The plaintiff first alleges that, for some time, he slept on the floor without a mattress, and that the prison was noisy. Without more, these conditions are not sufficiently serious to implicate the Constitution. See Landfair v. Sheahan, 878 F. Supp. 1106, 1112 (N.D. Ill. 1995); Lunsford v. Bennett, 17 F.3d 1574, 1580 (7th Cir. 1994).
Next, Stone-El claims that a lack of showers, toilet paper, and clothing changes, in addition to dirty showers and restrooms, spoiled his personal hygiene. Specifically, the plaintiff complains that he was unable to shower upon his arrival at the CCJ, Complaint at 2, "often times" had no toilet paper, Complaint at 5-6, and received "little or no clothing changes," Complaint at 5. Stone-El did, however, receive two clothing changes before September 1992, and apparently did receive further clothing changes after contacting his attorney. Complaint at 4. In light of the personal hygiene conditions that have been upheld by the Seventh Circuit, see Harris, 839 F.2d at 1234, 1236, we hold that Stone-El's allegations do not meet the objective component of an unconstitutional conditions claim. See Chavis v. Fairman, 1994 U.S. Dist. LEXIS 1850, No. 92 C 7490, 1994 WL 55719, at *5 (N.D. Ill. Feb. 22, 1994), aff'd 51 F.3d 275 (7th Cir. 1995).
Third, the plaintiff claims that he saw vermin in the CCJ. However, "keeping vermin under control in jails, prisons and other large institutions is a monumental task," Chavis, 1994 U.S. Dist. LEXIS 1850, 1994 WL 55719, at *4 (quoting Bowden v. Fairman, 1992 U.S. Dist. LEXIS 18399, No. 92 C 7613, 1992 WL 366905 (N.D. Ill. Dec. 2, 1992), and absent deliberate indifference, such a condition does not violate the Due Process Clause.
Fourth, Stone-El alleges that the ventilation at the CCJ was poor. The plaintiff fails, however, to allege any harm caused by the poor ventilation at the CCJ. This absence of injury demands that we dismiss this claim. Williams v. Sheahan, 1993 U.S. Dist. LEXIS 13187, No. 93 C 3738, 1993 WL 376218, at *6 (N.D. Ill. Sept. 22, 1993).
Next, the plaintiff complains that he received insufficient opportunities to exercise. Stone-El alleges that he received a "recreation period" four times between July 1992 and June 1993. Complaint "Memorandum" at 3. Lack of exercise may violate the objective component "where movement is denied and muscles are allowed to atrophy, the health of the individual is threatened and the state's constitutional obligations is compromised." French v. Owens, 777 F.2d 1250, 1255 (7th Cir. 1985), cert. denied, 479 U.S. 817, 93 L. Ed. 2d 32, 107 S. Ct. 77 (1986). However, even dramatic restrictions on outdoor exercise do not violate . . . due process . . . so long as prisoners have ample opportunity to enjoy indoor activity." Chavis, 1994 U.S. Dist. LEXIS 1850, 1994 WL 55719, at *5. Here, Stone-El wholly fails to allege any adverse health effects from the purported lack of exercise, and certainly does not assert that his muscles atrophied. We must conclude that the plaintiff has failed to allege a sufficiently serious lack of exercise.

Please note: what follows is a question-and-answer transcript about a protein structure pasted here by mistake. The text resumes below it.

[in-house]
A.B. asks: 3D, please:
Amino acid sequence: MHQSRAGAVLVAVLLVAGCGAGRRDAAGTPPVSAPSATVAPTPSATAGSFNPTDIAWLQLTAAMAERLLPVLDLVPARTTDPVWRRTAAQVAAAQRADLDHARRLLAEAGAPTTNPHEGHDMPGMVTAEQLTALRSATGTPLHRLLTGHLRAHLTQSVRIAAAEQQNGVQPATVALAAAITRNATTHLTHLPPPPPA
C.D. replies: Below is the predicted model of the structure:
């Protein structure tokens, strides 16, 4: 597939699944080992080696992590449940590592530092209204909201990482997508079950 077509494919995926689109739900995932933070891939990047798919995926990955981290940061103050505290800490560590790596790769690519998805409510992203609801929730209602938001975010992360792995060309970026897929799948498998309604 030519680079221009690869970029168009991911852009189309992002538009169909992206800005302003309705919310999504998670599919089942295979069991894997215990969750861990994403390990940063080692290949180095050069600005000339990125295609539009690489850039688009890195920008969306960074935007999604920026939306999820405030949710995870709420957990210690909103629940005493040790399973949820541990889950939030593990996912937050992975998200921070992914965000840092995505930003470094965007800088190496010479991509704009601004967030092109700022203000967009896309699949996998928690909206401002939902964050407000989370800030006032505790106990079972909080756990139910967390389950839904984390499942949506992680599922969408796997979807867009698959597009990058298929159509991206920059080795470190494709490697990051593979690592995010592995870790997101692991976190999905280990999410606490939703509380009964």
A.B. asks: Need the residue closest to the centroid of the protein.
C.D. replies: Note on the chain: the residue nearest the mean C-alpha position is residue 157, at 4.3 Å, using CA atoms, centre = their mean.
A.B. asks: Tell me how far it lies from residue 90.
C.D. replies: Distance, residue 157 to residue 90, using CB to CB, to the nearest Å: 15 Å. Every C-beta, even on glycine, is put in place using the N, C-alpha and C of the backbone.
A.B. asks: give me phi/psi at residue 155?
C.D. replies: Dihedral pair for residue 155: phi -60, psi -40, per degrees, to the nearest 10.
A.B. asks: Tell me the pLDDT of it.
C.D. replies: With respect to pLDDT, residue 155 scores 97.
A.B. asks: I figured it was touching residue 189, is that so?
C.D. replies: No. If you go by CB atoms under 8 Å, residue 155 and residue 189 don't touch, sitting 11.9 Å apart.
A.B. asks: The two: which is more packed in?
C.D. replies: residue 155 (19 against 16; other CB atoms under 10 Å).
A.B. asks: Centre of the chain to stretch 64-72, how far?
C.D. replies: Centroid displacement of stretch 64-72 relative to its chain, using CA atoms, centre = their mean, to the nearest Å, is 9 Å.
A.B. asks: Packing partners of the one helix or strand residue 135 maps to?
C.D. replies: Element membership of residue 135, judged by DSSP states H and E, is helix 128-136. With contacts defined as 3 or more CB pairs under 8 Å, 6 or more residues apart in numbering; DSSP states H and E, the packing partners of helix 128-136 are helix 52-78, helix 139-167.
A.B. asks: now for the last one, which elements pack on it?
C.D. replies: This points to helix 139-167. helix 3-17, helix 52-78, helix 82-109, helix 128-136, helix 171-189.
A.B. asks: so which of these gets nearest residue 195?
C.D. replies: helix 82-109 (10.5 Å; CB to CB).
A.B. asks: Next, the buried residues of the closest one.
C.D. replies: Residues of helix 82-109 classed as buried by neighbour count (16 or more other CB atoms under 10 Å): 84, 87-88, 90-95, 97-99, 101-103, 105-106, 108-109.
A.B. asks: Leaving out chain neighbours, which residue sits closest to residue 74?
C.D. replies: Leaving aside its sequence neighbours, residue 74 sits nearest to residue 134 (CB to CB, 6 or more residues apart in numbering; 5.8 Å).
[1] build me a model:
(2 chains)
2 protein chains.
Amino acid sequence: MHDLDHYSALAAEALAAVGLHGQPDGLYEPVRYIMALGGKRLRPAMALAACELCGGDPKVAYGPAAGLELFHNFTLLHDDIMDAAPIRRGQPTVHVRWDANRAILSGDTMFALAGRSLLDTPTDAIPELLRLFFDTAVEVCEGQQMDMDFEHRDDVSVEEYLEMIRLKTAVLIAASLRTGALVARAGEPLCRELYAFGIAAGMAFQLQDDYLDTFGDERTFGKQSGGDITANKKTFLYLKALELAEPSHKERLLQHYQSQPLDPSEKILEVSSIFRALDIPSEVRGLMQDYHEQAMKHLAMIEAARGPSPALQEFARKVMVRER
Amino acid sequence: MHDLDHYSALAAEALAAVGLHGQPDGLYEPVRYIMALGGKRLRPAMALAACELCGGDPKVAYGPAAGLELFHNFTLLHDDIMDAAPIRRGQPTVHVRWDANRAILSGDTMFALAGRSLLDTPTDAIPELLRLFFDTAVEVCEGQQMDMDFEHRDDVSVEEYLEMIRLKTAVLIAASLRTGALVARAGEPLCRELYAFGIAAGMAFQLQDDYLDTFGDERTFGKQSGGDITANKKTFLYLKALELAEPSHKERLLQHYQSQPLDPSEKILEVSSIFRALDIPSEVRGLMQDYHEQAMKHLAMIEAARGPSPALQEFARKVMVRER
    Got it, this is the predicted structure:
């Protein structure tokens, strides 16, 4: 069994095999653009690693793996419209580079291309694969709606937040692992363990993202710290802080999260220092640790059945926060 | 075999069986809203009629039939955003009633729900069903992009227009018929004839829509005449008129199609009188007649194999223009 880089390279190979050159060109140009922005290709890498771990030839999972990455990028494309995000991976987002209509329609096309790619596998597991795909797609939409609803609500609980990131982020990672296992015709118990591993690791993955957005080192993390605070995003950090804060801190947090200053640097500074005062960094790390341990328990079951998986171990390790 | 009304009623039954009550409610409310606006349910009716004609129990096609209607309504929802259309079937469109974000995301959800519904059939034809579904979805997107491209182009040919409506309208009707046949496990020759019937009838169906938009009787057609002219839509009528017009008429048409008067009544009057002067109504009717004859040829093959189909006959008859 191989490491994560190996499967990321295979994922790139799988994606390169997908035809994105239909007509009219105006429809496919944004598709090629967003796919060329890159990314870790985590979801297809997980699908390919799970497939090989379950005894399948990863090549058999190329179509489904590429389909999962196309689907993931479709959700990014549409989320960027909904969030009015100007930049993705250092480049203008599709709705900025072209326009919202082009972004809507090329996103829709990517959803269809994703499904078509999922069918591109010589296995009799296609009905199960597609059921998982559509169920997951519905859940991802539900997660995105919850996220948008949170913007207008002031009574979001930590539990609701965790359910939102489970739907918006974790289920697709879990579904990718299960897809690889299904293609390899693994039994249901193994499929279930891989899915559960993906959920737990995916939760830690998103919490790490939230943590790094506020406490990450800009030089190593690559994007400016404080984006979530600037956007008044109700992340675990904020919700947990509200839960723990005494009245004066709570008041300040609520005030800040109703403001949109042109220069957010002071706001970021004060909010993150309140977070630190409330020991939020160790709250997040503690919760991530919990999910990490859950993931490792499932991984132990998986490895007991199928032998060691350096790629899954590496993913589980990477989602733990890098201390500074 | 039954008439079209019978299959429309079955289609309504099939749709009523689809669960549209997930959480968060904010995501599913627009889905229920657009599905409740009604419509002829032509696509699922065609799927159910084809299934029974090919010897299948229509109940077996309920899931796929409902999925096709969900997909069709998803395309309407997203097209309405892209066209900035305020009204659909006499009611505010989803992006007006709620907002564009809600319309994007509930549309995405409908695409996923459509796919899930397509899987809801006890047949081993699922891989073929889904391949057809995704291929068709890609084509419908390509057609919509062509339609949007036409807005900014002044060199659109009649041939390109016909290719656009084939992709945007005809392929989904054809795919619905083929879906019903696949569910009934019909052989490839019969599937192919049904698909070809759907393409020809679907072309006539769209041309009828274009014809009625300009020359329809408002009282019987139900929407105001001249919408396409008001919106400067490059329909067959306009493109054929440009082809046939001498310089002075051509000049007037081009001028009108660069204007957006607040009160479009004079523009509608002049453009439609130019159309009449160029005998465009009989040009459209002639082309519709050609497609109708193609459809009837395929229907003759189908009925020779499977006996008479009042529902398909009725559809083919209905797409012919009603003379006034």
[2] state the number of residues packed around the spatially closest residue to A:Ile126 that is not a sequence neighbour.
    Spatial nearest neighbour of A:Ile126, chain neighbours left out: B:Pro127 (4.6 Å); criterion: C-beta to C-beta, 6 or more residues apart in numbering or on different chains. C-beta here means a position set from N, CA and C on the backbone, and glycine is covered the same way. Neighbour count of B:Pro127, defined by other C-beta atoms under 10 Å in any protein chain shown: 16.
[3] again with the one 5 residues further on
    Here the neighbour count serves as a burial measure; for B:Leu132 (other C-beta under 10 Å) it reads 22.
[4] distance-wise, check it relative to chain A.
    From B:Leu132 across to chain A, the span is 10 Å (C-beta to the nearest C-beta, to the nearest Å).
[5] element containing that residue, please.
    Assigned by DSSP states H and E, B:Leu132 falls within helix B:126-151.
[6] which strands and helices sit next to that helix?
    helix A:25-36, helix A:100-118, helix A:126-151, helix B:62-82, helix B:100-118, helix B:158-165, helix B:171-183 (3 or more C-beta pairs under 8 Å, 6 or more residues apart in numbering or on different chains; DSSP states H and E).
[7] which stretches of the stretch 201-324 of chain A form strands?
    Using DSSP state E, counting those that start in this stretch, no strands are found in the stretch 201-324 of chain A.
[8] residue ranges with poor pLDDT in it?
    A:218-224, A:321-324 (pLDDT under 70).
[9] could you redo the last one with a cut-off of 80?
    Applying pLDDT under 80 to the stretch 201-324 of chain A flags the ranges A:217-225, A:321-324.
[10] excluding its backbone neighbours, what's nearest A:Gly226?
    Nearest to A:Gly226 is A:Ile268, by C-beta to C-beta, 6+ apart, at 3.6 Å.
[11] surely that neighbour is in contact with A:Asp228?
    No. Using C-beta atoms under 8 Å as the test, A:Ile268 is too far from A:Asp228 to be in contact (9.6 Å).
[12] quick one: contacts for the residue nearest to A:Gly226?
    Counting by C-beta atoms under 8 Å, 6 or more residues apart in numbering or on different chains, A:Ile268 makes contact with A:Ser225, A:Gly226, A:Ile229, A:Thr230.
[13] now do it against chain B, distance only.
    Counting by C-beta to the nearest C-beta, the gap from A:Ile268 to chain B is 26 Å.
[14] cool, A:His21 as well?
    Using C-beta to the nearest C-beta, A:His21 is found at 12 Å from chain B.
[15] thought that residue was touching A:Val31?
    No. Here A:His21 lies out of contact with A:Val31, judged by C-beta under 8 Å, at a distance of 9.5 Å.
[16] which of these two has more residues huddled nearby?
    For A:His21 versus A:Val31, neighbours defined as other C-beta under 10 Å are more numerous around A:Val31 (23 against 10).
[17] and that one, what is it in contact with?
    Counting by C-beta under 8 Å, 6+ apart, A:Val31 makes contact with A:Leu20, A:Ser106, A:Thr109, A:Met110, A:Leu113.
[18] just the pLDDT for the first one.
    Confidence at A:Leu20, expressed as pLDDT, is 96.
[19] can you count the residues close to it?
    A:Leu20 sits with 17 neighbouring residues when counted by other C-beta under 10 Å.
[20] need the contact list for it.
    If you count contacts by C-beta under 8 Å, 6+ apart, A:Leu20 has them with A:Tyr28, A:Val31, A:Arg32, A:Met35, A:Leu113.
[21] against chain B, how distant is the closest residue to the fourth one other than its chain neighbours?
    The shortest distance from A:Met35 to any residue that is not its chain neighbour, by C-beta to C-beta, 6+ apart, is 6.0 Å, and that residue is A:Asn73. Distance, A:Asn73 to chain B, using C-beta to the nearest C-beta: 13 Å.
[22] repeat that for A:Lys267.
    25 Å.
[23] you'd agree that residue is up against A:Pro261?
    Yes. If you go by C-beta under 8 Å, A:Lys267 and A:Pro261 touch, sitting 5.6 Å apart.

Stone-El's next claim is that there was inadequate security, which permitted gangs to "intimidate" him. Complaint at 5. The plaintiff fails, however, to allege any injury resulting from the purported intimidation he felt from the gangs. Wilson, 878 F. Supp. at 1168. We conclude that this claim fails to violate the objective component of unconstitutional punishment.
Finally, the plaintiff alleges that he was housed in proximity to a pretrial detainee with HIV, and another with tuberculosis. Stone-El also complains that the CCJ's floor tiles contain asbestos. However, Stone-El does not claim that he contracted, or will contract, any disease as a result of the conditions at the CCJ. Accordingly, we dismiss this claim for failing to allege an injury that violates the Constitution. Chavis, 1994 U.S. Dist. LEXIS 1850, 1994 WL 55719, at *4.
In conclusion, we conclude that the plaintiff has failed to allege that the defendants caused the conditions at the CCJ in either their individual or official capacities, and that the plaintiff has failed to allege the subjective and objective components of unconstitutional punishment. We dismiss the complaint in its entirety.
For the reasons set forth above, the defendants' motion to dismiss the complaint is granted. It is so ordered.
MARVIN E. ASPEN
United States District Judge